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ought, therefore, to be given them, that will afford their consciences the least relief in the neglect of this reasonable duty. And I do not hesitate to say, it is at the peril of ministers to pursue any other course with them, than one which shall shut them up to the faith.

Do you say sinners will not be satisfied with these directions, and these directions will only discourage and distress them? Be it so.We do not wish to satisfy them, but to render their condition more and more distressing, as long as they stay away from Christ. On the other hand, we wish to add to the weight of their obligations, till they become so awful and accumulated as to be insupportable, and crush their rebellion. And this course commends itself to the consciences of convinced sinners themselves. It makes them feel just as the Spirit of God makes them feel. This is the work in which the Spirit of God is engaged with them, and we wish to fall in with it; and we know that any other course is to oppose the Spirit in his work." C.

FROM THE INVESTIGATOR OF JULY 31. A CHAPTER ON RELIGIOUS LIBERTY.

RELIGIOUS LIBERTY is so constantly the topic of declamation, and so many alarms are given of its being in danger, that it seems desirable to attain clear and definite views of its nature, in order to know. the peculiar characteristics of the principles and the dispositions which are hostile to its existence.

By Religious Liberty we understand the liberty given by human laws to every sect of religionists to worship according to the dictates of their own consciences, to exercise and to promulgate in any manner not inconsistent with the equal rights of others, the religion of their own choice, without being thereby subjected to molestation or punishment, at the hands of the government, or its subjects.

Religious Liberty, then, pre-supposes the existence of different sects, and does not frown on their existence. On the contrary, it protects them. Their protection is indeed its sole object. If all the world were perfectly joined together in the same religious sentiments, affections and practices, there would be no need of the laws establishing Religious Liberty.

As Religious Liberty therefore, wholly consists in protecting sectarianism; so religious intolerance wholly consists in opposing sectari

anism.

Sectarianism consequently can never be opposed to Religious Liberty. Nothing can be opposed to Religious Liberty but anti-sectarianism. To assert the contrary would be a contradiction in terms.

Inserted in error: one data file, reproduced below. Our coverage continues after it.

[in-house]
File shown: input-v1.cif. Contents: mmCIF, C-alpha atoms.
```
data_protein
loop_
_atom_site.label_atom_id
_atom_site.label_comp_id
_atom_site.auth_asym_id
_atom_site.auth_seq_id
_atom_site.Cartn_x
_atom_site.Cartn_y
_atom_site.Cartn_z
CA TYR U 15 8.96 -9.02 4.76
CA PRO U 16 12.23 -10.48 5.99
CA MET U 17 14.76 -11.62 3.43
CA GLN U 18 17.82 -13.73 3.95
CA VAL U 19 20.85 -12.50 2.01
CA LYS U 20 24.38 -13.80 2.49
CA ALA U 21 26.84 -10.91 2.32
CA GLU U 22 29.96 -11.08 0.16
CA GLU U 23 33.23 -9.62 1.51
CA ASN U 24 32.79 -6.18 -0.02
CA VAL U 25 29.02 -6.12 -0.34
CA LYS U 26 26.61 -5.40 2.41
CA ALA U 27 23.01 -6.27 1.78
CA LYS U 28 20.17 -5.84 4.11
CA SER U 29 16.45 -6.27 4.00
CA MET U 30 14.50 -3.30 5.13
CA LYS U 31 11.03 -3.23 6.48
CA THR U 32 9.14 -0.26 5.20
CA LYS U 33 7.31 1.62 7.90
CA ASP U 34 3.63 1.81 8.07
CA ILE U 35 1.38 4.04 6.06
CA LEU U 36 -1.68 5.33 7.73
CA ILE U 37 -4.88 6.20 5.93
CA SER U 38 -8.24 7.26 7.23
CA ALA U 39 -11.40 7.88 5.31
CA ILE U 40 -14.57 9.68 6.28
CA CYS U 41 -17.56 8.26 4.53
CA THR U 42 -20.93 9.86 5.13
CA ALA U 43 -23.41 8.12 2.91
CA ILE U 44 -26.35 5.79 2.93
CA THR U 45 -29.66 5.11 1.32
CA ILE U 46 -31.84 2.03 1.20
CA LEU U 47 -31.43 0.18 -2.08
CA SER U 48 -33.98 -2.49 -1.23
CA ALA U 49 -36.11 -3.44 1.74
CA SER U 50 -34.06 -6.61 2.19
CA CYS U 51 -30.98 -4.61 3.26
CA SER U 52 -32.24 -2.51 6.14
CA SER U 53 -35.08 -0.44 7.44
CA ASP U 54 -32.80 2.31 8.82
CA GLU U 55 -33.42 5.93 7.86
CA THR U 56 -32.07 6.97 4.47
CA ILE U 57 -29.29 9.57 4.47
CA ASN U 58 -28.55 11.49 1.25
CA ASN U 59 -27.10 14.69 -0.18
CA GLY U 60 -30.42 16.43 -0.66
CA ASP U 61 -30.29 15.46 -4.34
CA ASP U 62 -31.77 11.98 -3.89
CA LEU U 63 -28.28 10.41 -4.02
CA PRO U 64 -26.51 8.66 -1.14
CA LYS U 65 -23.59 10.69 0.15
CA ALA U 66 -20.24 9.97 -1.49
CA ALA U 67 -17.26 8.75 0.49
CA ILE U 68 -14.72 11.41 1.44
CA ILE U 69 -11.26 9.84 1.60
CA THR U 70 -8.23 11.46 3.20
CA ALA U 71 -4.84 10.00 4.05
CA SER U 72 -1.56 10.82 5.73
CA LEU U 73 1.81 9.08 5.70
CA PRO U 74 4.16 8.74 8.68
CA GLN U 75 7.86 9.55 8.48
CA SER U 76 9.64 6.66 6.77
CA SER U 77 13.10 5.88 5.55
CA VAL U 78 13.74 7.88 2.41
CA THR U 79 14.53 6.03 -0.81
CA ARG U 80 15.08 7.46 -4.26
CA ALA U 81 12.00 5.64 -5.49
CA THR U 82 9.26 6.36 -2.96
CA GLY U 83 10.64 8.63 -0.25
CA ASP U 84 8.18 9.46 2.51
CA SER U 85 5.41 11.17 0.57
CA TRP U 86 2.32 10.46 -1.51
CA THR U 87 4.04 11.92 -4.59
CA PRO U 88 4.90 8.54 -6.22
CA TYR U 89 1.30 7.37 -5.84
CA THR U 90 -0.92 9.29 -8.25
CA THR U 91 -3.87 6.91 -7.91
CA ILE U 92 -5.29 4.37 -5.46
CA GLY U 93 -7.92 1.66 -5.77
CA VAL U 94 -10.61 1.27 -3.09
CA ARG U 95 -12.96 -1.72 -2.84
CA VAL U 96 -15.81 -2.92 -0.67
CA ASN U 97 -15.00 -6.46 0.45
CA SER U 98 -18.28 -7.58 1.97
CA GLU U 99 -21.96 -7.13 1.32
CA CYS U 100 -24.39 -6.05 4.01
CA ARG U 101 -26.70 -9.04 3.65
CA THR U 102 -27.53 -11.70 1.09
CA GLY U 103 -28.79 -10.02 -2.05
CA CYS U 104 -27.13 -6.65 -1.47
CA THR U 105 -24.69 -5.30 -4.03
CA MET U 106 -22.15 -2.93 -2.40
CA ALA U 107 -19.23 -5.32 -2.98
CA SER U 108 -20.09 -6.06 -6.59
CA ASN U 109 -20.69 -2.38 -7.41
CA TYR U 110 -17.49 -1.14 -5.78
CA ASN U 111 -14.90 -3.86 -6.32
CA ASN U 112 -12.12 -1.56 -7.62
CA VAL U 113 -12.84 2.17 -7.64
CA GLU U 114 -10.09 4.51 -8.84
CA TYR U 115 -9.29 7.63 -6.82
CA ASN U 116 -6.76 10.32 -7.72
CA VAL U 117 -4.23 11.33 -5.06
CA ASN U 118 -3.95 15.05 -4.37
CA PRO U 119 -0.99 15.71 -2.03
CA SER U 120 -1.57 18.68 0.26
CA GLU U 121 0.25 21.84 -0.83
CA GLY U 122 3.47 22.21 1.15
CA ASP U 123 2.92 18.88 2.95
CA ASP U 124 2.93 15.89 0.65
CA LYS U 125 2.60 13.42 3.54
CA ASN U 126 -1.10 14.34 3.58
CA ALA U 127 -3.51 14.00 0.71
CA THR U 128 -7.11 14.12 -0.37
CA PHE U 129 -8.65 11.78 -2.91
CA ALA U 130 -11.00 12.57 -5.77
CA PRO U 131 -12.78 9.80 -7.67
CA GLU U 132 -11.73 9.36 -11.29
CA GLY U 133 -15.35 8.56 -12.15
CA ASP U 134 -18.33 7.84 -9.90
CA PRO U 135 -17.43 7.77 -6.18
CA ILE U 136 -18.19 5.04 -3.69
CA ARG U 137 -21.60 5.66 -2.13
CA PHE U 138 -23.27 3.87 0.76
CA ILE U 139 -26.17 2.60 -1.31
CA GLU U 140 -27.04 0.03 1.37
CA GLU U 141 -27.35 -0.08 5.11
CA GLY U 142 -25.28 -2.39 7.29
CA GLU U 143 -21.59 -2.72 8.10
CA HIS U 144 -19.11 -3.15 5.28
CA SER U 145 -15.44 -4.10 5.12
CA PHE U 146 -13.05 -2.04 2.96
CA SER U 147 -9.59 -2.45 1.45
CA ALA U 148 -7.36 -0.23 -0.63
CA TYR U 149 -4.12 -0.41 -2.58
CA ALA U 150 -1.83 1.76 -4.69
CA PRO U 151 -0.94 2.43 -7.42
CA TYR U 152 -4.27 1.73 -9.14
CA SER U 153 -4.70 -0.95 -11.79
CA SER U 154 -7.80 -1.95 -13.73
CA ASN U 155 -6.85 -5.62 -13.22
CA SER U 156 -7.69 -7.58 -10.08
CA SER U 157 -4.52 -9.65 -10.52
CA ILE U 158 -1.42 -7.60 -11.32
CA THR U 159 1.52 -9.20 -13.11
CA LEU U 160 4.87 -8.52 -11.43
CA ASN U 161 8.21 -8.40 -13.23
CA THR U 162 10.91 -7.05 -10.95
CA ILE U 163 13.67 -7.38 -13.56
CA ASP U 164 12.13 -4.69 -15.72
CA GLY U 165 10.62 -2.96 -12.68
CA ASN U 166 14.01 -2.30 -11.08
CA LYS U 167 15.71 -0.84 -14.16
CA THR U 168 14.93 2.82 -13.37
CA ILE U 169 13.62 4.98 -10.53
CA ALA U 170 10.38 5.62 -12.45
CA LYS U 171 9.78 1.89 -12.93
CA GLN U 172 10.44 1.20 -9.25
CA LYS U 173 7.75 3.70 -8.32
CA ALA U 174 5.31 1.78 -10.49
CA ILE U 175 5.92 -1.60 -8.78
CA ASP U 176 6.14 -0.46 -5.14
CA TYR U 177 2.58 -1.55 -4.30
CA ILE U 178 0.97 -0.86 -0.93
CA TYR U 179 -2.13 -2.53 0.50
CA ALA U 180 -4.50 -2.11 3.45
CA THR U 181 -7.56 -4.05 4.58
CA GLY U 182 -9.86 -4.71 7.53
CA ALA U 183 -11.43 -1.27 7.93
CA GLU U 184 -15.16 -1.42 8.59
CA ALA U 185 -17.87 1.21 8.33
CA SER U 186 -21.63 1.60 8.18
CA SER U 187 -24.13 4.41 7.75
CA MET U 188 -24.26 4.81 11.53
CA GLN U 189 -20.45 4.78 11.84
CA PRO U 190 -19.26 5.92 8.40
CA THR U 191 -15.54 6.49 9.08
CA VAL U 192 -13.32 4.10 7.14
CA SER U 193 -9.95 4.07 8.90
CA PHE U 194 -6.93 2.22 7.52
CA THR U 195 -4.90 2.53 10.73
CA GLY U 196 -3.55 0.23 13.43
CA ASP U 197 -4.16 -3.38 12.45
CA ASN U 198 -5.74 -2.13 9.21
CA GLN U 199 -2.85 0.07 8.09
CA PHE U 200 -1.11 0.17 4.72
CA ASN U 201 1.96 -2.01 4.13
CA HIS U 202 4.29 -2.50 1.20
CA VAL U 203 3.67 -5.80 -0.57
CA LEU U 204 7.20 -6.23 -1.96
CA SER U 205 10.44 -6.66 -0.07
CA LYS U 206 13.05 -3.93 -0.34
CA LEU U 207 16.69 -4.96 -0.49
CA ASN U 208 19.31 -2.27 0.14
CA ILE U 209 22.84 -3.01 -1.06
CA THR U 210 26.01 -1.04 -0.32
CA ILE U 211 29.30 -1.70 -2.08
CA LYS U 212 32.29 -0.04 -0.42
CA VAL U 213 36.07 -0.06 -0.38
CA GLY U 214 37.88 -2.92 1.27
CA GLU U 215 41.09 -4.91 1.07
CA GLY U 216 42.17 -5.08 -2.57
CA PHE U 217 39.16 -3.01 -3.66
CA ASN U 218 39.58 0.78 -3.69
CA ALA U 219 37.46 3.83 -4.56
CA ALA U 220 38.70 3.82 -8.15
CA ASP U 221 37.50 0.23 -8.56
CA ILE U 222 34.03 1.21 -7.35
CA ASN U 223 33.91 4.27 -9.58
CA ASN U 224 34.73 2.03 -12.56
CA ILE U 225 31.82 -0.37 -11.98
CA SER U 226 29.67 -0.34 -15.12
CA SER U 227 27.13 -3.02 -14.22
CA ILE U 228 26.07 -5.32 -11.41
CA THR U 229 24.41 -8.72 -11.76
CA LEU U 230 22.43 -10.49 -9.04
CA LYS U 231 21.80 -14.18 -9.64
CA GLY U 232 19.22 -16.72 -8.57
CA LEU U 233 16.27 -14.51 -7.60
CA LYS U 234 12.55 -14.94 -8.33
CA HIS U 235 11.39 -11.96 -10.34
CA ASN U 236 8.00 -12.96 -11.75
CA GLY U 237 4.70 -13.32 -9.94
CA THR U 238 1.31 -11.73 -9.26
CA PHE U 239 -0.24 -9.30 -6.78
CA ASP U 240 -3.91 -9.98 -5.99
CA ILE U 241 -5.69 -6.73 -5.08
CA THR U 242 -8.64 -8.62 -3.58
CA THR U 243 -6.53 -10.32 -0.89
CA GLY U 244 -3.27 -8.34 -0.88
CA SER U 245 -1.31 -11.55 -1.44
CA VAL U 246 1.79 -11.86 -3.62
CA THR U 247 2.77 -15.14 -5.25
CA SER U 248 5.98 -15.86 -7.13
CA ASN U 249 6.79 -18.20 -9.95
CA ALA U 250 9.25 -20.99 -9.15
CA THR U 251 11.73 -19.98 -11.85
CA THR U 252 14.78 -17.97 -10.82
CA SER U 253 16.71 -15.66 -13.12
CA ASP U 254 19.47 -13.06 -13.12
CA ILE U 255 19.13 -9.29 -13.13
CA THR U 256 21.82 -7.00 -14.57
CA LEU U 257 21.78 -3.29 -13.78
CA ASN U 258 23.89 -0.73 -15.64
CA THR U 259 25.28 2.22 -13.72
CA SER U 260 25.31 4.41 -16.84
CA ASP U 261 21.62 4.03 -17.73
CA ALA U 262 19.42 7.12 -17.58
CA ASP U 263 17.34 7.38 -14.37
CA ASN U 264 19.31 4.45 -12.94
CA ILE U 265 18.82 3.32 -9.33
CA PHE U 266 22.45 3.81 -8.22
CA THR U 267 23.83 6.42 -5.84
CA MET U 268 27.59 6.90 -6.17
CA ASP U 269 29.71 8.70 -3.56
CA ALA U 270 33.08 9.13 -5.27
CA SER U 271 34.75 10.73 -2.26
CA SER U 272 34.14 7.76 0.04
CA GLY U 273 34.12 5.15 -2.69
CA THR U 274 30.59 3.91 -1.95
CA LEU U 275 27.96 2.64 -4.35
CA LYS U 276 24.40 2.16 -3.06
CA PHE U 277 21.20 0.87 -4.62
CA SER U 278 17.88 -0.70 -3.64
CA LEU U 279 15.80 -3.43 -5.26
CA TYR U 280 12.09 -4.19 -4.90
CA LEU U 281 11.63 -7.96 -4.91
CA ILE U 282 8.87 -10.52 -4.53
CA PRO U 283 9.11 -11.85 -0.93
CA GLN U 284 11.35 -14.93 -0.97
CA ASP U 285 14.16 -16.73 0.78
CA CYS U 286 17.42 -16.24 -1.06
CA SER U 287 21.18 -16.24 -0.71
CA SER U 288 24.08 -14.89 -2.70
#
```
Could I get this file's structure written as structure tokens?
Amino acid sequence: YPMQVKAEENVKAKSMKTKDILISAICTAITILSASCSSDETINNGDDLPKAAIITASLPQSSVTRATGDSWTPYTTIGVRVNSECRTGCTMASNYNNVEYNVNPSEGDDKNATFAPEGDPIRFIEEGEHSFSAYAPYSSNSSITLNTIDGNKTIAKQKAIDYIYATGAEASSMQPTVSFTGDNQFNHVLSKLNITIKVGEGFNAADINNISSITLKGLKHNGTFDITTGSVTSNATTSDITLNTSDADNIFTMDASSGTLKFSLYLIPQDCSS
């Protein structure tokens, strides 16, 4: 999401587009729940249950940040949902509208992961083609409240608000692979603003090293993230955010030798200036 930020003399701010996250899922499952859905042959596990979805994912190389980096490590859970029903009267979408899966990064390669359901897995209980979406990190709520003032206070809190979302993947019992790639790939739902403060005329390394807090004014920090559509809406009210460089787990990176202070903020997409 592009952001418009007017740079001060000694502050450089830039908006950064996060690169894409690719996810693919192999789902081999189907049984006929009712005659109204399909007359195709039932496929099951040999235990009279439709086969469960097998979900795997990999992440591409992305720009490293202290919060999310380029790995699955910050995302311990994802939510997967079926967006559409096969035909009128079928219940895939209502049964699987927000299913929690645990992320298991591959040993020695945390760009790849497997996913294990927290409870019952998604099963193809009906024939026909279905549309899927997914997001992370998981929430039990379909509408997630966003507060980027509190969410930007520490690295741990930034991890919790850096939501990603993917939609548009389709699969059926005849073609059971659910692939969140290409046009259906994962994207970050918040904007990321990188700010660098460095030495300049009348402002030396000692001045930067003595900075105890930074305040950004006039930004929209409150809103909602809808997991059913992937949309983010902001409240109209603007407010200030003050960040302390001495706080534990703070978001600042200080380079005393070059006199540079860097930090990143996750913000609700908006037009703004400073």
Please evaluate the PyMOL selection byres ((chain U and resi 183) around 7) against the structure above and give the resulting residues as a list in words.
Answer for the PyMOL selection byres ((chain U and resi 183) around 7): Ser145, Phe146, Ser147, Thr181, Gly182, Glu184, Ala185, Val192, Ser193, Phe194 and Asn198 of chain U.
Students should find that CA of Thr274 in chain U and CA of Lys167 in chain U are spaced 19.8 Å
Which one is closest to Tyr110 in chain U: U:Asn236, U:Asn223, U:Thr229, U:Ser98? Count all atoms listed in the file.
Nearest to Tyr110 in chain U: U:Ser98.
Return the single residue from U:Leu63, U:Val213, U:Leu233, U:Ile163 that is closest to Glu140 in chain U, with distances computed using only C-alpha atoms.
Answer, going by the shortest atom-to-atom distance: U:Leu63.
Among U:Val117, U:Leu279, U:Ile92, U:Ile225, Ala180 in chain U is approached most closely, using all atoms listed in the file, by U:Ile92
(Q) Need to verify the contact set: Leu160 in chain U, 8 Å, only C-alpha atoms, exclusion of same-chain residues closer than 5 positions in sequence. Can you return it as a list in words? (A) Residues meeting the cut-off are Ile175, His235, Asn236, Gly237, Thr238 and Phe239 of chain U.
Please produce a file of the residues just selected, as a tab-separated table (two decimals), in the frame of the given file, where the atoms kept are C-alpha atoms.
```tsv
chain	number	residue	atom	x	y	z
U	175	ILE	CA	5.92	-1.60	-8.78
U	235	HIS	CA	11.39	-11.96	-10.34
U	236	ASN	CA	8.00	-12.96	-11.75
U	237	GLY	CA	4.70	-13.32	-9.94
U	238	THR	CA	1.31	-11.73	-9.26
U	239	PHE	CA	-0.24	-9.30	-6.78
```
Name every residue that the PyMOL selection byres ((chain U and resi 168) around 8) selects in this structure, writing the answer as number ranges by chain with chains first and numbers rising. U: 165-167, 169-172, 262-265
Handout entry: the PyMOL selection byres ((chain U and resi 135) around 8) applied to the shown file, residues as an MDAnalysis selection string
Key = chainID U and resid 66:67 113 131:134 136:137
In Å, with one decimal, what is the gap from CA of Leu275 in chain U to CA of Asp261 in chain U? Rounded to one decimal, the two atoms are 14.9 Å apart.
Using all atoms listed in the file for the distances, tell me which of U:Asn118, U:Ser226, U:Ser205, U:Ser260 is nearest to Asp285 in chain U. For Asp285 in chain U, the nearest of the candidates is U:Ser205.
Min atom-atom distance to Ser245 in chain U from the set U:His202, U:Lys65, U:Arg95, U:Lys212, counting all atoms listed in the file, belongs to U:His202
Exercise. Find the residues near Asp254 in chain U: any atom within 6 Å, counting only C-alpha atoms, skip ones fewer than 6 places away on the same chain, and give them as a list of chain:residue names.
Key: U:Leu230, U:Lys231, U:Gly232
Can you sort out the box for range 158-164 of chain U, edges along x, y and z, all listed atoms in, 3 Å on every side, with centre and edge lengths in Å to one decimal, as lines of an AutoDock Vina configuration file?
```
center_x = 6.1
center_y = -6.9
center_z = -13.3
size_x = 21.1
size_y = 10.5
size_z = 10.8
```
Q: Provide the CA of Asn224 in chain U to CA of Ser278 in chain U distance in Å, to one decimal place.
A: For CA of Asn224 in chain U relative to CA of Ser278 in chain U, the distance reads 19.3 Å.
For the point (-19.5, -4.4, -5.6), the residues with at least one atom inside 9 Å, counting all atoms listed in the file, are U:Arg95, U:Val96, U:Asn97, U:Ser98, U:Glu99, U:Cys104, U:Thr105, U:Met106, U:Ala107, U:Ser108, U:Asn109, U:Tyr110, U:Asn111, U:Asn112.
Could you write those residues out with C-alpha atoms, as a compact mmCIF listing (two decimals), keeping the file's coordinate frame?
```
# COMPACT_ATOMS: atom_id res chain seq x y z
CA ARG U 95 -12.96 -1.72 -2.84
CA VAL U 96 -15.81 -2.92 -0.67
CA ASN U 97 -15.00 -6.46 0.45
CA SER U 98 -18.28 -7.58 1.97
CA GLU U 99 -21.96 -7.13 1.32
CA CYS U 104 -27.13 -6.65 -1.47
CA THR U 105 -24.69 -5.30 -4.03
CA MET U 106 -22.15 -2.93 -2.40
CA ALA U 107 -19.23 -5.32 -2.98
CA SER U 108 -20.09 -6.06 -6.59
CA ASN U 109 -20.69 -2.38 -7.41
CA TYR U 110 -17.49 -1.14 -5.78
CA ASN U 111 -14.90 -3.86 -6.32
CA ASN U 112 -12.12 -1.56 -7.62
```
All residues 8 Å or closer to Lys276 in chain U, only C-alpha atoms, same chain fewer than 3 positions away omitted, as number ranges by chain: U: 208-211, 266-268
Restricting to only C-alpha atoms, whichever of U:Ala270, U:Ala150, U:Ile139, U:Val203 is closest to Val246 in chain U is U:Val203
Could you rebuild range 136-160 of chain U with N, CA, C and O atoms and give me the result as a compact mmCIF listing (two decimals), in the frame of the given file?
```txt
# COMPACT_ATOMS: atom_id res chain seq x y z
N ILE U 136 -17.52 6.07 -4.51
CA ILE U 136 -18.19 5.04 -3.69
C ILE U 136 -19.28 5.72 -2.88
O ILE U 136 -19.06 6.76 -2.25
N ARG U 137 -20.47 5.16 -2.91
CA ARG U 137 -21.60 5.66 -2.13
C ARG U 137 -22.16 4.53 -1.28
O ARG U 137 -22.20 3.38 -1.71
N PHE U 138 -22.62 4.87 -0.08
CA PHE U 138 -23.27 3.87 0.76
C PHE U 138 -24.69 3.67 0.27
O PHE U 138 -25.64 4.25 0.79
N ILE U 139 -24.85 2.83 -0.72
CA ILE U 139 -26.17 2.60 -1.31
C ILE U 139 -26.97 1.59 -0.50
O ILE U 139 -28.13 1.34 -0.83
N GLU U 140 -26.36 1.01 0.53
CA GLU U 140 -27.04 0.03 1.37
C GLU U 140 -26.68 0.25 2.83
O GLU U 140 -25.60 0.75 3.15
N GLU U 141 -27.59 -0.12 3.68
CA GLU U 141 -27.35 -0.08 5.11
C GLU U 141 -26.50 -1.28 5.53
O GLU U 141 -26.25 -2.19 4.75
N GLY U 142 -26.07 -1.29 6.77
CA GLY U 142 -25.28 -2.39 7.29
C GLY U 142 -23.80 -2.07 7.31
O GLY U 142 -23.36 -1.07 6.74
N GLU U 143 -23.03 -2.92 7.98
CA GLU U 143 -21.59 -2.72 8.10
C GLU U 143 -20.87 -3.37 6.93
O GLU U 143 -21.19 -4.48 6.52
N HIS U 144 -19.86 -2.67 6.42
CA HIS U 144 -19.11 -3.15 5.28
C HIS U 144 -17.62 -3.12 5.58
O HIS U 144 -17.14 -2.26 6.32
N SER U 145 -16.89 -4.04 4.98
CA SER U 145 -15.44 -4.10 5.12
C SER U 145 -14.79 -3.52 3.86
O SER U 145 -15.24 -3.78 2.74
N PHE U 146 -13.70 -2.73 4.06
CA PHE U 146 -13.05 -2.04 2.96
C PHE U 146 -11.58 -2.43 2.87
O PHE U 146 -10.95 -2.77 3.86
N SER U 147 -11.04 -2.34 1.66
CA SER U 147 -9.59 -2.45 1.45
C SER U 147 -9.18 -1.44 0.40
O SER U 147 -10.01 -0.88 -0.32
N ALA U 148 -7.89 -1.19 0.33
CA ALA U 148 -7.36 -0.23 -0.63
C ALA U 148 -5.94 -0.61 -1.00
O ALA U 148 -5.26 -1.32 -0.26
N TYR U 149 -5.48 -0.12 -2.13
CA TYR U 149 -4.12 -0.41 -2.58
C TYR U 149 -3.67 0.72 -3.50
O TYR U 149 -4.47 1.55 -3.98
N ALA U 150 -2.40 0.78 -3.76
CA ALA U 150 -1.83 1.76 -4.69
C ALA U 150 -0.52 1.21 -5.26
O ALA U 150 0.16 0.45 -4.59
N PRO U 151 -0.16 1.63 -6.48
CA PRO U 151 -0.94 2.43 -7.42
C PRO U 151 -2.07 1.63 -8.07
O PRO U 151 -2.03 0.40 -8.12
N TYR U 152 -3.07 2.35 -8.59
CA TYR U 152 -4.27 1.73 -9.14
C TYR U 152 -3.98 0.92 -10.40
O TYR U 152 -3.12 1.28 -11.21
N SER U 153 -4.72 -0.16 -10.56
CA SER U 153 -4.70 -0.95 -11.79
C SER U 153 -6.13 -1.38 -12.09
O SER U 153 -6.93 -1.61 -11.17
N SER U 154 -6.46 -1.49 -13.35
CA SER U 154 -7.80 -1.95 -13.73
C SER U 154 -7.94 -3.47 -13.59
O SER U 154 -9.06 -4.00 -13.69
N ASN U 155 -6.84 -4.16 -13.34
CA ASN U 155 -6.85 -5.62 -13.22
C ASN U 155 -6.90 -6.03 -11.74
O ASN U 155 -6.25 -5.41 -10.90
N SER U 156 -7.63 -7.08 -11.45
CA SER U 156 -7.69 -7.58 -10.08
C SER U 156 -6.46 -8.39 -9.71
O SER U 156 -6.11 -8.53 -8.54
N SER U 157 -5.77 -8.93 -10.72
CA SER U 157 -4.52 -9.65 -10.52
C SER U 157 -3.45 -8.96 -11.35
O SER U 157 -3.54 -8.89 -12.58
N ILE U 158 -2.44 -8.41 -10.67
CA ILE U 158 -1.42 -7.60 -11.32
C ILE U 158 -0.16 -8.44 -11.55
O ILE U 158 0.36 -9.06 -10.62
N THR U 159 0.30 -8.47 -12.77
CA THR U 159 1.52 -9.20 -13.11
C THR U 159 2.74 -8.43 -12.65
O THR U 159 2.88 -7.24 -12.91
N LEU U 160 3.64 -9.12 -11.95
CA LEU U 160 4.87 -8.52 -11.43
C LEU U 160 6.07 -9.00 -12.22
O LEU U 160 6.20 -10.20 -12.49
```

How can sectarianism be opposed to Religious Liberty, which is the very foundation on which it rests? Can it be opposed to its own existence?

How can anti-sectarianism support Religious Liberty? Who will trust a man to protect that which he hates? Can that protect sectarianism, which regards it as an intolerable evil?

Different sects, it may be said, have mutually and alternately persecuted each other. This may be true. But their persecutions have always been owing, not to their sectarianism, but wholly to their anti-sectarianism. The principle of sectarianism is the principle of liberty and independence. But the principle of anti-sectarianism is the principle of dictation and passive obedience. It was so in the days of Luther. It is so still.

The Pagan persecutions of Christianity were all founded on antisectarianism. The Pagan Priests invited the fellowship of the Christians and offered to add the name of Jesus to their catalogue of thirty thousand gods. Nothing but the independent, conscientious, exclusive and sectarian sentiments and feelings of the primitive Christians prevented their accepting the offer. Some of them indeed did so, and mingled with the Pagans, and lived very quietly. But those who remained sectarians were persecuted by the anti-sectarian spirit of the liberal and enlightened Greeks and Romans.

And the persecutions of papal Rome have always been founded on the same spirit of anti-sectarianism. The Romish Church claimed to be Catholic, that is-universal-liberal. Accordingly it was anti-sectarian. It could not tolerate schism. It frowned on sectarianism. It could not permit its existence.

Whenever Protestants have persecuted, they have done so, precisely upon the same principle. They have been impatient of schismatics -herelics-sectarians. These three terms (so far at least as persecution is concerned) express very nearly the same thing.